This article uses material from the Wikibooks article “Cookbook:Garlic Parmesan Pasta“, which is released under the Creative Commons Attribution-Share-Alike License 3.0.
This article uses material from the Wikibooks article “Cookbook:Guacamole“, which is released under the Creative Commons Attribution-Share-Alike License 3.0.
This article uses material from the Wikibooks article “Cookbook:Spiced Pumpkin Soup“, which is released under the Creative Commons Attribution-Share-Alike License 3.0.
Identifying plants, looking at other peoples’ plant and garden photos, task reminders, social media for plants.
People who are looking for the Instagram of plant identification, but with a task feature.
Very limited featureset – it’s social media for gardening
Garden Tags is the ultimate all-in-one app for gardeners of all abilities that’s making the art of growing easy and fun. Get planting inspiration, advice, identification and garden management in one free app. It’s simple – you’ll grow more plants and less weeds.
With the Garden Tags gardening app you can manage your entire garden and plant collection in one place. You can also experience the joy of gardening with our rapidly growing community of 100,000+ gardeners and receive garden and plant advice in return. And if you don’t know what the plant is. No Problem. Our gardeners will identify it for you for free…You really can’t beat gardener powered plant identification.
CATALOGUE YOUR ENTIRE GARDEN FOR FREE
With Garden Tags you can keep a record of all your plants in your garden in one place. When you add a plant you also get access to all the information about that plant in our growing encyclopedia of 18,000+ plants. What’s more, you get a handy record of how each plant has grown over the seasons too.
FREE GARDEN AND PLANT INSPIRATION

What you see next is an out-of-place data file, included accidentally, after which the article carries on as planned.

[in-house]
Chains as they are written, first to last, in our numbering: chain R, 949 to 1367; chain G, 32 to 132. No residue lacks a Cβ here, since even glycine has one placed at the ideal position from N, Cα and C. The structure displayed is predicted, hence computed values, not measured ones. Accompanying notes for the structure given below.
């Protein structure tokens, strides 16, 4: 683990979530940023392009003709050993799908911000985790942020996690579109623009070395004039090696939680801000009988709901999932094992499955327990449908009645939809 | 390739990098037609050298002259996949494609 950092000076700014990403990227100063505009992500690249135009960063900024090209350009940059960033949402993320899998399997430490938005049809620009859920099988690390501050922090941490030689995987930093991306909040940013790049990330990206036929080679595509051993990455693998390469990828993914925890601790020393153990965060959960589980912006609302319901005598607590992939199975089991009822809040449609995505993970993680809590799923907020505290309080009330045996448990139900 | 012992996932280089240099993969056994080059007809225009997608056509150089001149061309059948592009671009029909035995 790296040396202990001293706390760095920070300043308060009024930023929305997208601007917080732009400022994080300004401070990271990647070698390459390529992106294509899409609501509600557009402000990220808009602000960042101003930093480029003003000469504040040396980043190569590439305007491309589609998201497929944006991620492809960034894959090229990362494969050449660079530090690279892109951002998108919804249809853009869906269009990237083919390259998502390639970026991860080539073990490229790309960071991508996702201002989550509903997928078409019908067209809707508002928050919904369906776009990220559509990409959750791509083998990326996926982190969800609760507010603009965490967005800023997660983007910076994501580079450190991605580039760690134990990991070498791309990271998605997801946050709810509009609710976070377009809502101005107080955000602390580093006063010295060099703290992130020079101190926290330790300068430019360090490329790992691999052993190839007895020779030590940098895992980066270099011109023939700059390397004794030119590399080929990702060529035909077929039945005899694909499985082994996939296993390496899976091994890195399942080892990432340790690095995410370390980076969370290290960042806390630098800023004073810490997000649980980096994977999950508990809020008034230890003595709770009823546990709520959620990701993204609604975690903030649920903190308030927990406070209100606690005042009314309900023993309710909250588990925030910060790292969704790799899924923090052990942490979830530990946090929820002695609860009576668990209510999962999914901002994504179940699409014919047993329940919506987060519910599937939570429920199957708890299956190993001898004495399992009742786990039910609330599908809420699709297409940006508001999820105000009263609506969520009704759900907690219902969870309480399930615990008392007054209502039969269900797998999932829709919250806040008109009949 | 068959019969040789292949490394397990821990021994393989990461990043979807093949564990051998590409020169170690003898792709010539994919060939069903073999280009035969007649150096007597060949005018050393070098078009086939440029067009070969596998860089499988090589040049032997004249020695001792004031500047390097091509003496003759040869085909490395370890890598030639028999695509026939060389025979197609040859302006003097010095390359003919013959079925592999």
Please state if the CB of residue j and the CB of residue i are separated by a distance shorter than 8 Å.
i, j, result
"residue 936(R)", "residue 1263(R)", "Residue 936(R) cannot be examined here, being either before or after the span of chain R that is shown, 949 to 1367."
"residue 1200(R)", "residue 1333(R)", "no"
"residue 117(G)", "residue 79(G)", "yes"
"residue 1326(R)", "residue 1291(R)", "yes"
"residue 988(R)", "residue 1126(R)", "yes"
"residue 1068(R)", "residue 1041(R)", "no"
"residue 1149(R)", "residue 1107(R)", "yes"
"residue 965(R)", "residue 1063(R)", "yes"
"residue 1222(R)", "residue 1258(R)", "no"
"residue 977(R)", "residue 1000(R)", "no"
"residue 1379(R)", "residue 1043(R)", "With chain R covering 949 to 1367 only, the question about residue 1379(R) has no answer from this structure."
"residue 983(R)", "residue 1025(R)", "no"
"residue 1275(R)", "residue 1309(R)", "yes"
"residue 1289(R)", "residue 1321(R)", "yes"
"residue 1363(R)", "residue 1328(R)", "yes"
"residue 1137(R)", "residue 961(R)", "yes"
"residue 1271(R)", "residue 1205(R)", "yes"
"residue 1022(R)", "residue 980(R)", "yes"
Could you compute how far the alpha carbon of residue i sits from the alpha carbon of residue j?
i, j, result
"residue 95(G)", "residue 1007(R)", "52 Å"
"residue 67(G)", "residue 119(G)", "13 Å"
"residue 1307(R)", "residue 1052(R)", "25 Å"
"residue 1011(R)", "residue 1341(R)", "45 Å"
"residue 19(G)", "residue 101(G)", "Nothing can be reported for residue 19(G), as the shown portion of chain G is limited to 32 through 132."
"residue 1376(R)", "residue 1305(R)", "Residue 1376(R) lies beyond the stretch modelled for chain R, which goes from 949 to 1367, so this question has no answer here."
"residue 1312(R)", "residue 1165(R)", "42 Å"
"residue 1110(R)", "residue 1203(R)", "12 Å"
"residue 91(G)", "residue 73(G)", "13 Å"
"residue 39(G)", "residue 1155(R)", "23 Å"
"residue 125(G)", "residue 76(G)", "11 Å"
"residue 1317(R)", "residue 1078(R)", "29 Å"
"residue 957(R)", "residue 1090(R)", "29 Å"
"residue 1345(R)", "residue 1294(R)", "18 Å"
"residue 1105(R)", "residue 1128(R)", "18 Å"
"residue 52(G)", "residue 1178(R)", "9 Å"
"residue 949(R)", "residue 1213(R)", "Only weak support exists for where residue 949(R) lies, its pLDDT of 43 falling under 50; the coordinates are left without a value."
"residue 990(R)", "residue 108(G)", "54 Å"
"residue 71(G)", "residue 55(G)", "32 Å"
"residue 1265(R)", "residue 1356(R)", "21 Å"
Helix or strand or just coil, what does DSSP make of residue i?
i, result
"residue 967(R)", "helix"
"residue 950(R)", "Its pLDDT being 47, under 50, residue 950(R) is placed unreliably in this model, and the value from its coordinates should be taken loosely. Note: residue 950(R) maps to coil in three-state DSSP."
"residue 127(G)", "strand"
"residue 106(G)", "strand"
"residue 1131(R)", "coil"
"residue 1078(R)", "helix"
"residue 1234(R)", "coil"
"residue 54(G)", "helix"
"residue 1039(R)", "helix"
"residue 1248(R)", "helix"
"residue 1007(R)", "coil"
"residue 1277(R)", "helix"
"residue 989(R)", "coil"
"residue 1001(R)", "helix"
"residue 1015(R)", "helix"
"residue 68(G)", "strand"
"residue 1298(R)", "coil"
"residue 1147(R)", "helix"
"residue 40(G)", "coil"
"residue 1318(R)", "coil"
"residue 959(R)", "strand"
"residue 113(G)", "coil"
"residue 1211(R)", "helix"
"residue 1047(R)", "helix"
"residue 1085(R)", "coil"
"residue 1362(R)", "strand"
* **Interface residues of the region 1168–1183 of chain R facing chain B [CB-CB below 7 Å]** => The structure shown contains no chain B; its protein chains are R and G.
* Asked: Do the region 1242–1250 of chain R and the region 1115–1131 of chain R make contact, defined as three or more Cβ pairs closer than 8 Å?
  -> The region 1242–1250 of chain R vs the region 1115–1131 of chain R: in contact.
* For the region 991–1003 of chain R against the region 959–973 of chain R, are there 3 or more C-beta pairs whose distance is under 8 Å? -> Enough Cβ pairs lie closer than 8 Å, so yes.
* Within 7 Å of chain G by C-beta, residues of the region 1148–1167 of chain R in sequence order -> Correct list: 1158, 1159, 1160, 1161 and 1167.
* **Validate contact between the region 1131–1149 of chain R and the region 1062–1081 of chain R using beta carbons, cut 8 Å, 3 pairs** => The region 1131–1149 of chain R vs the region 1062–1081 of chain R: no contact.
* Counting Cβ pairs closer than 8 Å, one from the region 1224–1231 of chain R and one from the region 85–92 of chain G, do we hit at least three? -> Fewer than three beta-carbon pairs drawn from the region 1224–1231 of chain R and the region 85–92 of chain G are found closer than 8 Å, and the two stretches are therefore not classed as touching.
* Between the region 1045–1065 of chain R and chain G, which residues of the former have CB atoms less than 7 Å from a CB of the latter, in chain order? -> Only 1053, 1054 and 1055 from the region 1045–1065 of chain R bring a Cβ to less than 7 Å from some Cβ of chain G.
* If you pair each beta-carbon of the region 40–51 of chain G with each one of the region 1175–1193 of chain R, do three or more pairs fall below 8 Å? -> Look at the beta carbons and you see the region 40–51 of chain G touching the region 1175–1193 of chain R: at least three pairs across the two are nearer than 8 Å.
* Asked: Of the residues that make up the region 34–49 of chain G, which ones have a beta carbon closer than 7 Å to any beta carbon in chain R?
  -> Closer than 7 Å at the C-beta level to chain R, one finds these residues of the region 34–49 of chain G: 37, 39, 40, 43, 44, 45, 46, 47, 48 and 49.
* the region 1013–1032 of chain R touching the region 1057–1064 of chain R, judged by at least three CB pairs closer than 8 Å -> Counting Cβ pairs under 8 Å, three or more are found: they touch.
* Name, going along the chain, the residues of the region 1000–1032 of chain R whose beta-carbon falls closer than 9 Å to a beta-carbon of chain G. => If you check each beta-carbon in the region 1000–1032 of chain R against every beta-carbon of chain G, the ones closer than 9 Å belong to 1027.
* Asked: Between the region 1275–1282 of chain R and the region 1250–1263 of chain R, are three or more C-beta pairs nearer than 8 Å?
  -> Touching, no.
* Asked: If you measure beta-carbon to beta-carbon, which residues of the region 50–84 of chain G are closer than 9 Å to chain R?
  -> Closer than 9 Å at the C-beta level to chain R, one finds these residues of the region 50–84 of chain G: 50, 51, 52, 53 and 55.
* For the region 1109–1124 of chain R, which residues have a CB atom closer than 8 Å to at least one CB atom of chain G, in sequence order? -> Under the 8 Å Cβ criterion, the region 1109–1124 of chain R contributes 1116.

Garden Tags members have already shared hundreds of thousands of gardens, plants and beautiful flowers on the gardening app. With GardenTags you’ll never be stuck for garden design and plant inspiration again. Follow expert growers like the RHS and TV Gardener Michael Perry or organic growers like Ellen Mary Gardening. From rose specialists, to organic allotmenteers to succulent growers – they’re all sharing daily inspiration to expand our growing horizons. If you like garden design there are thousands of designs to choose from too.
FREE PLANT IDENTIFICATION & ADVICE FROM REAL GARDENERS
Do you need to identify a plant or flower? Want to know which plants will grow best and flower in your garden? Thinking of going organic? GardenTags has 1000s of experts on hand and ready to answer your garden, plant and flower questions. Our gardeners will also help you identify pests and diseases. You may need an answer to a design question or quick answer to an organic solution to green fly. Easy. Just hashtag your question #advice and you’ll get an answer.
GARDEN JOURNAL AND PLANT CARE TASKS
When you upgrade to Garden Tags Premium you’ll receive plant care tasks when your plant needs care e.g. when it’s time to prune. There are also handy videos showing you the best way to approach the garden task too. Whether you’re an organic allotment gardener or a succulent grower they’ll be answers to your growing needs and personalised tasks alerts. You’ll also be able to add growing notes to each plant and task.